If you’re someone who has always used point and shoot cameras, you’ve probably become comfortable with using the LCD to frame your photos. One of the advantages of looking at the LCD when preparing to shoot an image is that you can see as many of the camera’s current settings as you want displayed on the screen. Typically, you’ll see shutter speed, aperture setting, ISO setting, and the exposure compensation setting on the screen.
As you move to a more advanced camera, though, you may find that the camera includes a viewfinder. The viewfinder is the small “window” above the LCD screen on the DSLR camera. Depending on the type of DSLR you own, you can either look through the viewfinder to frame the photo or use the LCD with a mode called Live View.
Many experienced photographers prefer to use the viewfinder to frame photos. Using the viewfinder allows you to hold the camera steady against your face, which makes it easier to avoid camera shake. Most DSLR cameras perform a little better when using the viewfinder versus using Live View, too.
With the viewfinders on older DSLR cameras, though, you didn’t have the option of displaying some of the camera’s settings through the viewfinder. Now, however, DSLRs can display almost anything about the camera’s settings in the viewfinder, similar to the way data is displayed on the LCD. The way the data and settings are displayed in the viewfinder may differ a bit from what you see on the LCD, though. Use the tips below to help you understand the data you’re seeing in your DSLR’s viewfinder.
- With many viewfinders, the main area for framing the photo includes a framing grid (lines that divide the frame), a faint circle around the center of the frame (for center-weighted metering), and small rectangles that indicate focus points. These items will not appear on your photograph. You also usually can remove them from the viewfinder display through the camera’s menus.
- The battery power icon usually looks like a AA battery. Sometimes, it is part of the display in the viewfinder all of the time; other times, the icon only appears when the battery is low.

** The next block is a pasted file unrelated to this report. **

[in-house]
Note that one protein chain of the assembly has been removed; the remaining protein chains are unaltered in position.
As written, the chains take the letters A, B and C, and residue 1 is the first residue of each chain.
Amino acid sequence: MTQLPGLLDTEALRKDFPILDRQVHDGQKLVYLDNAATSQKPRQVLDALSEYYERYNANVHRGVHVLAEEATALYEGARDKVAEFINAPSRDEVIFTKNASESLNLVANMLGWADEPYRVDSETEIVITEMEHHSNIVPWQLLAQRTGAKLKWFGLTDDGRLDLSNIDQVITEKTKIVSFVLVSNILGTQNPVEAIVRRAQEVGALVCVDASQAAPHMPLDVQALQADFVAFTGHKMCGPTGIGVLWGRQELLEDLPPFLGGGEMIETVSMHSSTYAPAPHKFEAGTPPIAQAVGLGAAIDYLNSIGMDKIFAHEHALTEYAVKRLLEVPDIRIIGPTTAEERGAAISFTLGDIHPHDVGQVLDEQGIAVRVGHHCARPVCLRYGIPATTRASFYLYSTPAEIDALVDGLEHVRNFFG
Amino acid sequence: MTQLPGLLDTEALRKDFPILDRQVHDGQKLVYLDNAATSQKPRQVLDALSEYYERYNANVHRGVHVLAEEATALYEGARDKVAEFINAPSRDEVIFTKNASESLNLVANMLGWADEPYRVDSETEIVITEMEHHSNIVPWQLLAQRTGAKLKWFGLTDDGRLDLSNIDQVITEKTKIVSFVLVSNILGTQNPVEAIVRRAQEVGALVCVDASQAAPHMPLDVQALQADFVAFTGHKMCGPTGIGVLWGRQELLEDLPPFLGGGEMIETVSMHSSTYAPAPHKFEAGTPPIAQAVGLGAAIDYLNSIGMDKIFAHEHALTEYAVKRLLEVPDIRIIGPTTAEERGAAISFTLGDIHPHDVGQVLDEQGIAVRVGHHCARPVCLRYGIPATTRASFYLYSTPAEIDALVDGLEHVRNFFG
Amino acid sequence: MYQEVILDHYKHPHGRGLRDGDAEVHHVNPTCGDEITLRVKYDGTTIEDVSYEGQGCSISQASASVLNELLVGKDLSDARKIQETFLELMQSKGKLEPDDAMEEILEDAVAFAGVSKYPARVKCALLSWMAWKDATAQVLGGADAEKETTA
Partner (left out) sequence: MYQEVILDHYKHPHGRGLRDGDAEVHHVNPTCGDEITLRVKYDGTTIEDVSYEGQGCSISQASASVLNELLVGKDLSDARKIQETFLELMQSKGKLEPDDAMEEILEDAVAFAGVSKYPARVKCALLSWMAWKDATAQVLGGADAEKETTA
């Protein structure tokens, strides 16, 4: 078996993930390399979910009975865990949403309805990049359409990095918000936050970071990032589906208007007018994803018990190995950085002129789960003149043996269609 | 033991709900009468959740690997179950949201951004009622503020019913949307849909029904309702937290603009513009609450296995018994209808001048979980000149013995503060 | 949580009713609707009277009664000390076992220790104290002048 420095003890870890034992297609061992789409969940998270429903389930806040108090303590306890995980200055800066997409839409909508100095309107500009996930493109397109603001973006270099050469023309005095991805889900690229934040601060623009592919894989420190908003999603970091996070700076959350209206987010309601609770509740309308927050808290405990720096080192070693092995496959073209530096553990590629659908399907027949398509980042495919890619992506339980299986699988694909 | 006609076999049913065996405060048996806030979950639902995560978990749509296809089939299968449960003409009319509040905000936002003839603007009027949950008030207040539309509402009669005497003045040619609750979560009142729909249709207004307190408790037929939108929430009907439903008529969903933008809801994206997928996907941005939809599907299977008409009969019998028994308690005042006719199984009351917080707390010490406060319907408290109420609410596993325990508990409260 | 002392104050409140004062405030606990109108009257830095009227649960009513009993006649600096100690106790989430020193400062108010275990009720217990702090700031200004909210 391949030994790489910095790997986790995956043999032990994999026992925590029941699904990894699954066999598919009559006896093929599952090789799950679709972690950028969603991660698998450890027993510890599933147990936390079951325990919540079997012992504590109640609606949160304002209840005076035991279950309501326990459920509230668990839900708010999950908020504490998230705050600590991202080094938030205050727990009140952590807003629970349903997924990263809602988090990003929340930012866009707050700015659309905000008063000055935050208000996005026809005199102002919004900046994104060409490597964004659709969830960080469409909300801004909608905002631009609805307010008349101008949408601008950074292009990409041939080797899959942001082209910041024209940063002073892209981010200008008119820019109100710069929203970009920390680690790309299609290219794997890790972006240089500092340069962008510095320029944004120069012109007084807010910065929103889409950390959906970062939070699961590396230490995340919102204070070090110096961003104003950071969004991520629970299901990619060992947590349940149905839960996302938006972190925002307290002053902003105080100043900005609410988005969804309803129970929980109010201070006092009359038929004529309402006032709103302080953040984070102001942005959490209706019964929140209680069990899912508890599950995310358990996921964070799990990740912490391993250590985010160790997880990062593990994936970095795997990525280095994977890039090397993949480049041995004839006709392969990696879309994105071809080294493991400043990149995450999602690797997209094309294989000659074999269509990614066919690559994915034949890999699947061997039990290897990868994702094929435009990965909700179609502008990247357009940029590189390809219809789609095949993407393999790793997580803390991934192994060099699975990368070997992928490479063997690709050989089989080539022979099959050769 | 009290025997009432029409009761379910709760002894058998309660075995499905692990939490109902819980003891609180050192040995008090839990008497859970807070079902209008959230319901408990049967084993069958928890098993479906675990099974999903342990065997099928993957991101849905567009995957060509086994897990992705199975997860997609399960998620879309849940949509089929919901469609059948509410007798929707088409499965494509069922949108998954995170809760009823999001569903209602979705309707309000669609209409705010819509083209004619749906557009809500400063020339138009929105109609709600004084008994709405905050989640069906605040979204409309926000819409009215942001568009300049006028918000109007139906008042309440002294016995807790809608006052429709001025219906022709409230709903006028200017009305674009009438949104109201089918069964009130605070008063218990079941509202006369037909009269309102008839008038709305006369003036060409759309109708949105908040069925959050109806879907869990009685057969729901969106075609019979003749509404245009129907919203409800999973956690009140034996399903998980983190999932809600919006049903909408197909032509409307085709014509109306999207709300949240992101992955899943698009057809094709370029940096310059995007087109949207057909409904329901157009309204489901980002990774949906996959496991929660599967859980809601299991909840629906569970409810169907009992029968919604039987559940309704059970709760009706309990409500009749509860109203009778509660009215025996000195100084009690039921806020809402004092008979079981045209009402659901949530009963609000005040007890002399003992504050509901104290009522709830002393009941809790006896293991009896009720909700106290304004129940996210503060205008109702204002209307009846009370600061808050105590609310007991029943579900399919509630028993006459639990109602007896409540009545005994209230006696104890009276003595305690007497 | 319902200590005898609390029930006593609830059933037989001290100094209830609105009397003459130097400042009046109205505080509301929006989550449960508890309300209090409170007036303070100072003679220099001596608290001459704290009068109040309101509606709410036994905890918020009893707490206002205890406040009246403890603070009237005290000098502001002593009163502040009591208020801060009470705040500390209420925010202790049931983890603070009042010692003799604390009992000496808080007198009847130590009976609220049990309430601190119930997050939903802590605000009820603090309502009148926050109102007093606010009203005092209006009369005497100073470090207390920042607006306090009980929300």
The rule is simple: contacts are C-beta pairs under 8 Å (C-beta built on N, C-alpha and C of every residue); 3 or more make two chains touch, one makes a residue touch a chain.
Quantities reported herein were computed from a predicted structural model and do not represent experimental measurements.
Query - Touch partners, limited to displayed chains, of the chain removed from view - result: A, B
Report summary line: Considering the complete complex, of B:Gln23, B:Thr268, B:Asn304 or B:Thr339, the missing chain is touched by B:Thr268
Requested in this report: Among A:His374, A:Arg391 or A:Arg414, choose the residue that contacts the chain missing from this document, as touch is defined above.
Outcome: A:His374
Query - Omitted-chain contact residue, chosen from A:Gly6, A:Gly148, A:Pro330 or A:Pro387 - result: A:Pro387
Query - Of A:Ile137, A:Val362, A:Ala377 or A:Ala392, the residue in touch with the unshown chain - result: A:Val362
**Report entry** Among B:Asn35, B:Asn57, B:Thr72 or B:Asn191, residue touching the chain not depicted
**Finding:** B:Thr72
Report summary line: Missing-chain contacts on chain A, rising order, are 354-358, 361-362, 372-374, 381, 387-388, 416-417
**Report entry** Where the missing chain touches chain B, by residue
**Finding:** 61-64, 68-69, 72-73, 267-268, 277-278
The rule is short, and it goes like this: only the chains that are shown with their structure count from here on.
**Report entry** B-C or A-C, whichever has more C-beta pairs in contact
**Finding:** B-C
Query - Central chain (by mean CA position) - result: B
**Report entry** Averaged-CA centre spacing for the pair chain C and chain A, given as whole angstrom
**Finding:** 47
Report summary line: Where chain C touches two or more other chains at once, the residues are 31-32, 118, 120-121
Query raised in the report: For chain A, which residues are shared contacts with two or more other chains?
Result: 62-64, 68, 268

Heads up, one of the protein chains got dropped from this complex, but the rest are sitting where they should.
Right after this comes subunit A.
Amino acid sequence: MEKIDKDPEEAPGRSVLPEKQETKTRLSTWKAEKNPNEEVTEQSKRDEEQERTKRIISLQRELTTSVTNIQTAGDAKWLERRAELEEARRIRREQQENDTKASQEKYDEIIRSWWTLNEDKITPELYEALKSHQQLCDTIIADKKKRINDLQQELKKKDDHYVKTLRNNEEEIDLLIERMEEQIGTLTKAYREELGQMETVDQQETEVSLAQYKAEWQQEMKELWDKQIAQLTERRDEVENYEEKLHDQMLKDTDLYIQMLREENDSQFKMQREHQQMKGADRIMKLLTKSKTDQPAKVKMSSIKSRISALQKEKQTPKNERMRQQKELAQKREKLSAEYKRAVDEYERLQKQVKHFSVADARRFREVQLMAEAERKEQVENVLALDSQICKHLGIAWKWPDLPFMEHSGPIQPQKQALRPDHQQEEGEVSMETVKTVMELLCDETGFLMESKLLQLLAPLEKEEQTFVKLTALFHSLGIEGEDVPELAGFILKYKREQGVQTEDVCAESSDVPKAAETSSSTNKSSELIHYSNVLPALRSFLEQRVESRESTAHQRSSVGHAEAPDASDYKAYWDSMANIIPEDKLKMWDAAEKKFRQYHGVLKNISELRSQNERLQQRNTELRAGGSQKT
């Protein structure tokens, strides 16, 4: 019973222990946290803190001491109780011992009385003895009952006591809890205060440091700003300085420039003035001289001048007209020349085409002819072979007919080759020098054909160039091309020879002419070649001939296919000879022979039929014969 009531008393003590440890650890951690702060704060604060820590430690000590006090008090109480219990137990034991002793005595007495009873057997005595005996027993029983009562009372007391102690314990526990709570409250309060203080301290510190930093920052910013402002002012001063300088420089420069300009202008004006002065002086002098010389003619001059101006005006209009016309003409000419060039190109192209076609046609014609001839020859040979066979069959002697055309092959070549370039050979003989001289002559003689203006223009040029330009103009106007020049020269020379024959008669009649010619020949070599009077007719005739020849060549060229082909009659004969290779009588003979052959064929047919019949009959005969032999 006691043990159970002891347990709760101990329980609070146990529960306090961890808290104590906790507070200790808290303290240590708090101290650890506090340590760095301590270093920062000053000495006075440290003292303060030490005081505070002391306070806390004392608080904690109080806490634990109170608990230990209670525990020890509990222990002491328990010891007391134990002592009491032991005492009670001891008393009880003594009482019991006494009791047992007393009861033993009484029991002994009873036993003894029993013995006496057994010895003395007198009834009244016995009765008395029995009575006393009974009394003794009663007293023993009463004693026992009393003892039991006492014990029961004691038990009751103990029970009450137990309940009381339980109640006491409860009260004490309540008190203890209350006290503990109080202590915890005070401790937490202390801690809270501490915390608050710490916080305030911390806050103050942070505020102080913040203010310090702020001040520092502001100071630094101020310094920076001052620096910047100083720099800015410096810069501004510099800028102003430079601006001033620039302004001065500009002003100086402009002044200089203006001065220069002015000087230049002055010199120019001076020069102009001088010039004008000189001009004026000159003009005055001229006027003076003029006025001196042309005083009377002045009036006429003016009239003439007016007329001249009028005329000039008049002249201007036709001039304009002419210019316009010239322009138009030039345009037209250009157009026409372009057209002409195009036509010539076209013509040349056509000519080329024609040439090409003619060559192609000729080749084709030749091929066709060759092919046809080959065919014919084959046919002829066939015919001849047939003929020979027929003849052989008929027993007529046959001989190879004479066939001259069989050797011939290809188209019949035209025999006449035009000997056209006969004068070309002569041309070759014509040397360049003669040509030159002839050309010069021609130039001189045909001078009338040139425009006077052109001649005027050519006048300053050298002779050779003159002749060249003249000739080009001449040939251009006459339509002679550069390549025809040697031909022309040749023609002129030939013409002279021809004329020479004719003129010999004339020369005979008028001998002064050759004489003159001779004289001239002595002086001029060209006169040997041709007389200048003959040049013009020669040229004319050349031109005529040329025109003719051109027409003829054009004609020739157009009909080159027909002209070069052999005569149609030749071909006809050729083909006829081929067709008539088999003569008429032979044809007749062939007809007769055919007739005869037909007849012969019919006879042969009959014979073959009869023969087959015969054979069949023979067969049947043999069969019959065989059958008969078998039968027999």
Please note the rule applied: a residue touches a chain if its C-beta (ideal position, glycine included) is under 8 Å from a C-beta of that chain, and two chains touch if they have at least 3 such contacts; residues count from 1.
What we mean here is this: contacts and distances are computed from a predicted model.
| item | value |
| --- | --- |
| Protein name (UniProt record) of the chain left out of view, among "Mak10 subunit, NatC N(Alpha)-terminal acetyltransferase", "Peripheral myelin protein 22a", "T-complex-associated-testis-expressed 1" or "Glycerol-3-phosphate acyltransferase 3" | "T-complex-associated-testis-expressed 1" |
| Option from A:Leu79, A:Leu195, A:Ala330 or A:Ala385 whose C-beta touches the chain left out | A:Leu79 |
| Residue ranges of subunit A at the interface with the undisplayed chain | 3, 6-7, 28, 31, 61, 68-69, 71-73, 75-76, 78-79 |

- You’ll probably see a lot of numbers and icons on the display with the viewfinder. The possible numbers in the display include shutter speed, aperture, number of shots remaining on the memory card, and white balance indicator. Because the viewfinder doesn’t have a lot of room in its display window, the camera doesn’t have a lot of explanations of each icon or number in the viewfinder window, so it pays dividends to figure out what each icon or number represents.
- Some DSLR cameras offer some different pieces of data than others. For example, some Canon DSLR cameras include a number that indicates the number of frames you can shoot in the currently selected burst mode.
- With some cameras, you can change what’s displayed in the viewfinder screen. Look through the DSLR’s on-screen menus to find a command that allows you to customize the viewfinder data. (The same command may allow you to customize the LCD data, too.)
- If you’re ever confused about the data you’re looking at for your particular DSLR camera, you always can look at the user guide for the camera. Look near the front of the guide for a diagram that shows you an image of the viewfinder screen along with labels for each piece of data shown on the screen.
- Finally, keep in mind that many DSLR cameras include a focus ring for the viewfinder. The focus ring is needed to allow photographers with different levels of vision sharpness to use the viewfinder. The focus ring usually is on the right or left side of the viewfinder housing. Use your index finger to roll the dial back and forth to adjust the focus.